Wednesday, July 24, 2024
Security Strategy

President for a half-year. The Security Times spoke with Boyko Borisov, prime minister of Bulgaria and the current president of the European Council, about the country’s role in and for Europe

President for a half-year. The Security Times spoke with Boyko Borisov, prime minister of Bulgaria and the current president of the European Council, about the country’s role in and for Europe
By Boyko Borisov

The Bulletin of the Atomic Scientists has advanced the big hand of its Doomsday Clock, which forecasts the destruction of the world through nuclear war; the time is now two minutes before midnight. The Bulletin’s justification was the war threats levied between the US and North Korea – which have aggravated tensions between America and its rivals in China, Iran and Russia – as well as the expansion of existing …

All border changes in Europe since 1990 have violated international treaties

By Andreas Zumach

What do the following places have in common: Kosovo, Crimea, Catalonia, Chechnya, Abkhazia, South Ossetia, Transnistria, Hungary, Scotland and the Kurdish regions of Iraq, Syria and Turkey? After the Cold War, each was the scene of secession attempts or demands to alter national borders.

In Yugoslavia, Georgia and the Ukraine, the secessionists used violence to forcibly shift national borders with the help of external actors (NATO, Russia). Otherwise, the specific …

Ten conflicts to watch in 2018

Ten conflicts to watch in 2018
By Robert Malley

It´s not all about Donald Trump. That’s a statement more easily written than believed, given the US president’s comportment on the world stage — his tweets and taunts, his disregard of international accords, his odd choice of foes, his even odder choice of friends. But a more inward-looking US, the increasing militarization of foreign policy and shrinking space for diplomacy and multilateralism are features of the international order that predate …

United we stand,divided we fall

By Theo Sommer

Relations between Europe and the United States have never been just a pleasant walk in the park. The transatlantic partners have had many passionate agreements; intermittent laments about an increasingly broad “rift,” “chasm,” “gulf” are nothing new. But never before has the danger of actual divorce been more real than after the inauguration of Donald Trump.

Over the past seven decades the allies quarreled about Mannesmann pipes to Russia and …

Trump’s arrival in the White House has put the worsening US-Russian confrontation on hold, for now

By Dmitri Trenin

What a difference a year makes. In early 2016, a lot of Europeans saw Russia as the most serious threat to their security. Nowadays, quite a few of them are torn between identifying Russian President Vladimir Putin or US President Donald Trump as the bigger challenge. After 70 years of entrusting their foreign and security policy to Washington, Europe is realizing that unless it finds an international identity of its …

Sharing the burden is more than just talk

By Adam Thomson

President Donald Trump feels Europeans must do more for their own defense. He is not alone among Americans. Many think the US has gotten a raw deal. How far will Trump go to put America first?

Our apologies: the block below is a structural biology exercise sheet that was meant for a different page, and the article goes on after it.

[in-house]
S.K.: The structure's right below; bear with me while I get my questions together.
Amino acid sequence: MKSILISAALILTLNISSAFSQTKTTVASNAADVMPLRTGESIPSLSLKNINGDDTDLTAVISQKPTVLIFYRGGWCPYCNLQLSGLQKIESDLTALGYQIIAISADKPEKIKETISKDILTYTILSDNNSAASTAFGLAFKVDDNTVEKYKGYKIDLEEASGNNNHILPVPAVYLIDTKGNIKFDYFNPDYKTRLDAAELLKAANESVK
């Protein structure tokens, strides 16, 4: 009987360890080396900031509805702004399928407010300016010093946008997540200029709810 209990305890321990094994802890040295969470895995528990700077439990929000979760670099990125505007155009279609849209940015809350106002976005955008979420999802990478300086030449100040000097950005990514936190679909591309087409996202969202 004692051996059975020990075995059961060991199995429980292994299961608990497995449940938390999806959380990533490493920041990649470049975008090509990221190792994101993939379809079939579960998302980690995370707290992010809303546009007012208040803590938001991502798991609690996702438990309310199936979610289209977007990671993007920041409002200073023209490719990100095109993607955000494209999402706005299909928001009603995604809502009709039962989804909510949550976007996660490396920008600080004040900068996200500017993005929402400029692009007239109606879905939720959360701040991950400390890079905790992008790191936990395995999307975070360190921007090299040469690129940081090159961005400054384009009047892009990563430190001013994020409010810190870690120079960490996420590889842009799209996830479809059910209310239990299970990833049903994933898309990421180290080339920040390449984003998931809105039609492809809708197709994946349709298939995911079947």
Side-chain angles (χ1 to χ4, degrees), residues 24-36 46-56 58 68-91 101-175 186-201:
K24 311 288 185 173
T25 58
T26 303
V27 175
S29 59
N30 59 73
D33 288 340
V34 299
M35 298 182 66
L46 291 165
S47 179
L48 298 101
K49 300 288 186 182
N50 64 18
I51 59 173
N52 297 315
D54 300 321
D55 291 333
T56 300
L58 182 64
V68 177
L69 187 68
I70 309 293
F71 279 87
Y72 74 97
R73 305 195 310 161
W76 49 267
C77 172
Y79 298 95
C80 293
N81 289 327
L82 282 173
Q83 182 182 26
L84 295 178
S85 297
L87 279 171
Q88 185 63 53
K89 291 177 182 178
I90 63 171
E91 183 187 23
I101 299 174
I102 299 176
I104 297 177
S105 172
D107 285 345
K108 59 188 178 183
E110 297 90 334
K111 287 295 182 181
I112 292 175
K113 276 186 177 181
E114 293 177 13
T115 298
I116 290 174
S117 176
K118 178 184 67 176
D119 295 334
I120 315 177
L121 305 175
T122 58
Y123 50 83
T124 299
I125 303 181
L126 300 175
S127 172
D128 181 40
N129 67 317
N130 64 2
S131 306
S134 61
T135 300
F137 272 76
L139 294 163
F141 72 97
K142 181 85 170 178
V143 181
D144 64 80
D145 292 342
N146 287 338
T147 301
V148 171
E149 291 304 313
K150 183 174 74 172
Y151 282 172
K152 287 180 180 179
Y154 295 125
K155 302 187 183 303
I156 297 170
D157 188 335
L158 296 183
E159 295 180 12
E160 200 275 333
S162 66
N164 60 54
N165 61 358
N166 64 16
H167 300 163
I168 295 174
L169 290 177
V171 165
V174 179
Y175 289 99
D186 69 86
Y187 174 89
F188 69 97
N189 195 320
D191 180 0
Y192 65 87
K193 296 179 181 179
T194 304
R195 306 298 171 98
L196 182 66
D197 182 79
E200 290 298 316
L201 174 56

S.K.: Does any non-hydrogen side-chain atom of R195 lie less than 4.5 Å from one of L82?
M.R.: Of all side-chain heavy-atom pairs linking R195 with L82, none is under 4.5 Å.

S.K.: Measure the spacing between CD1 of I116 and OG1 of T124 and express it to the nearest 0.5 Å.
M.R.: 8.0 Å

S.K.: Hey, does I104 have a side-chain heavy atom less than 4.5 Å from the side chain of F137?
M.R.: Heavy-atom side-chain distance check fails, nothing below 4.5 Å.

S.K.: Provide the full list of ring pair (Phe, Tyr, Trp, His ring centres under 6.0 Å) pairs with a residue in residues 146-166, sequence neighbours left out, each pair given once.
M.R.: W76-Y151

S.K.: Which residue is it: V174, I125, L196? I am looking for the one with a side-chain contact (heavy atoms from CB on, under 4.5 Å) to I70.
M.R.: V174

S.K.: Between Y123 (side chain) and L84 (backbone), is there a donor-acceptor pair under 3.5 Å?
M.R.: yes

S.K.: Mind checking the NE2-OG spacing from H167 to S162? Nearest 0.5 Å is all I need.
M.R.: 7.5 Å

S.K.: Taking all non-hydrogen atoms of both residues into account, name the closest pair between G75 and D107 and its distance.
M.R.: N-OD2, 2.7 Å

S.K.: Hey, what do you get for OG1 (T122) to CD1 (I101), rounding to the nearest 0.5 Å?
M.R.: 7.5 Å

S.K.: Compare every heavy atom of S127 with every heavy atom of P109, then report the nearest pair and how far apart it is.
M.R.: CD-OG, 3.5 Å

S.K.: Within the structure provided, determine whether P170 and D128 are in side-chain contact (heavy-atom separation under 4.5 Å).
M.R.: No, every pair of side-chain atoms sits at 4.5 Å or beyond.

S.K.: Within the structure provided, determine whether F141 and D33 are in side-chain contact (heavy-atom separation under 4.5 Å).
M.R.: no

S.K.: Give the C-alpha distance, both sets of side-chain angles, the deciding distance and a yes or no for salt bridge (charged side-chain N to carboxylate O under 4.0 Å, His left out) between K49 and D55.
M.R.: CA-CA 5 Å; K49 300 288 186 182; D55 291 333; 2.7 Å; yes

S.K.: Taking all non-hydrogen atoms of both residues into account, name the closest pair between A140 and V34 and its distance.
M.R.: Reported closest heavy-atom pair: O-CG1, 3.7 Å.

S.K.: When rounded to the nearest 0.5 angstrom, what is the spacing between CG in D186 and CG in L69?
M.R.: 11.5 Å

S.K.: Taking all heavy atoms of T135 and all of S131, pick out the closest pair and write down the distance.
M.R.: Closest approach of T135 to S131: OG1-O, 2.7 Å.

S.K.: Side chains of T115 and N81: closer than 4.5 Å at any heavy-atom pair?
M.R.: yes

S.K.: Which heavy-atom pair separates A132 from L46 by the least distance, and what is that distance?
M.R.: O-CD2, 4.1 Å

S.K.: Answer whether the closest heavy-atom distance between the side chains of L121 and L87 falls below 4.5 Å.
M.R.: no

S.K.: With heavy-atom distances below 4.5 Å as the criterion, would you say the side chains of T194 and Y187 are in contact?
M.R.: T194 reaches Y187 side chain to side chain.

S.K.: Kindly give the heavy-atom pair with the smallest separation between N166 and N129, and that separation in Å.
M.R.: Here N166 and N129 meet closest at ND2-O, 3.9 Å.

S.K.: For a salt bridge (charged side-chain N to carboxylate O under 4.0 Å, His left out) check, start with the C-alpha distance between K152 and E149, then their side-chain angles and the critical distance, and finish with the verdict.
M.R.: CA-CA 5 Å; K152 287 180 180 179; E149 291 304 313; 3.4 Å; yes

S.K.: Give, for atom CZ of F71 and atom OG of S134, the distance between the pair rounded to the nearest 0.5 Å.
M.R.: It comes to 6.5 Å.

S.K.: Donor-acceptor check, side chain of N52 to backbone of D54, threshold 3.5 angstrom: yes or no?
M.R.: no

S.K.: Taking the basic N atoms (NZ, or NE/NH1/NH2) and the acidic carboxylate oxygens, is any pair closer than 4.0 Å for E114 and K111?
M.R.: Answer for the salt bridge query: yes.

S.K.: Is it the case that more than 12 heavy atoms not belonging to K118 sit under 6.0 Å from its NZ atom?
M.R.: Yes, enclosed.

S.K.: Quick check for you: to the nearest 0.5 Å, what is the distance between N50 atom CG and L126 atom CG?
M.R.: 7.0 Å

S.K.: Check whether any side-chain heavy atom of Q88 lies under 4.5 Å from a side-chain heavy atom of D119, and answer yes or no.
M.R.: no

America’s European allies say they aim to increase their defense spending to 2 percent of national GDP by 2024. But how many of them mean it?

The sharing of defense burdens is a toxic …

The extraordinary career of Frank-Walter Steinmeier

By Theo Sommer

Since its founding in 1949, the Federal Republic of Germany has had ten foreign ministers. The first three – Konrad Adenauer, Heinrich von Brentano and Gerhard Schröder – anchored Germany in the European Community and in NATO. The next three – Willy Brandt, Walter Scheel and Hans-Dietrich Genscher – initiated West Germany’s Ostpolitik, the détente that would ultimately lead to German reunification. Then Klaus Kinkel and Joschka Fischer set the …

From the Finnish perspective, NATO’s role in the Baltic Sea region is a stabilizing factor

From the Finnish perspective, NATO’s role in the Baltic Sea region is a stabilizing factor
By Timo Soini

Not so long ago, armed conflict between the states on the shores of the Baltic Sea was considered almost unimaginable. The thought of military conflict in the Baltic Sea region was like a distant echo from the past, an idea with no further relevance. The region was often presented as a model case for cooperative security, where prosperity and stability fostered cooperation between respective states and flourishing civil societies and …

Deterrence: precarious in theory, effective in practice

Deterrence: precarious in theory, effective in practice
By Michael Rühle

During the 1962 Cuban Missile Crisis, the famed US film director Stanley Kubrick decided to move to Australia. He reckoned that in a nuclear war between the United States and the Soviet Union, the fallout would be less Down Under. However, when he learned that he would have to share the bathroom of the ship’s cabin with the passengers of the adjacent cabin, he cancelled the trip. His fear of …

Why it is more dangerous and less predictable than Cold War

By Rosen Plevneliev

Analysts and politicians talk about a new Cold War. In my view, the term does not fit the current situation; Cold Peace is more apt.

Cold Peace is worse, more dangerous and less predictable than Cold War. It is “cold” because no one wants to fight a war. Yet a few old methods have made a comeback: great powers’ policy; spheres of influence; the reshaping of national borders; and the …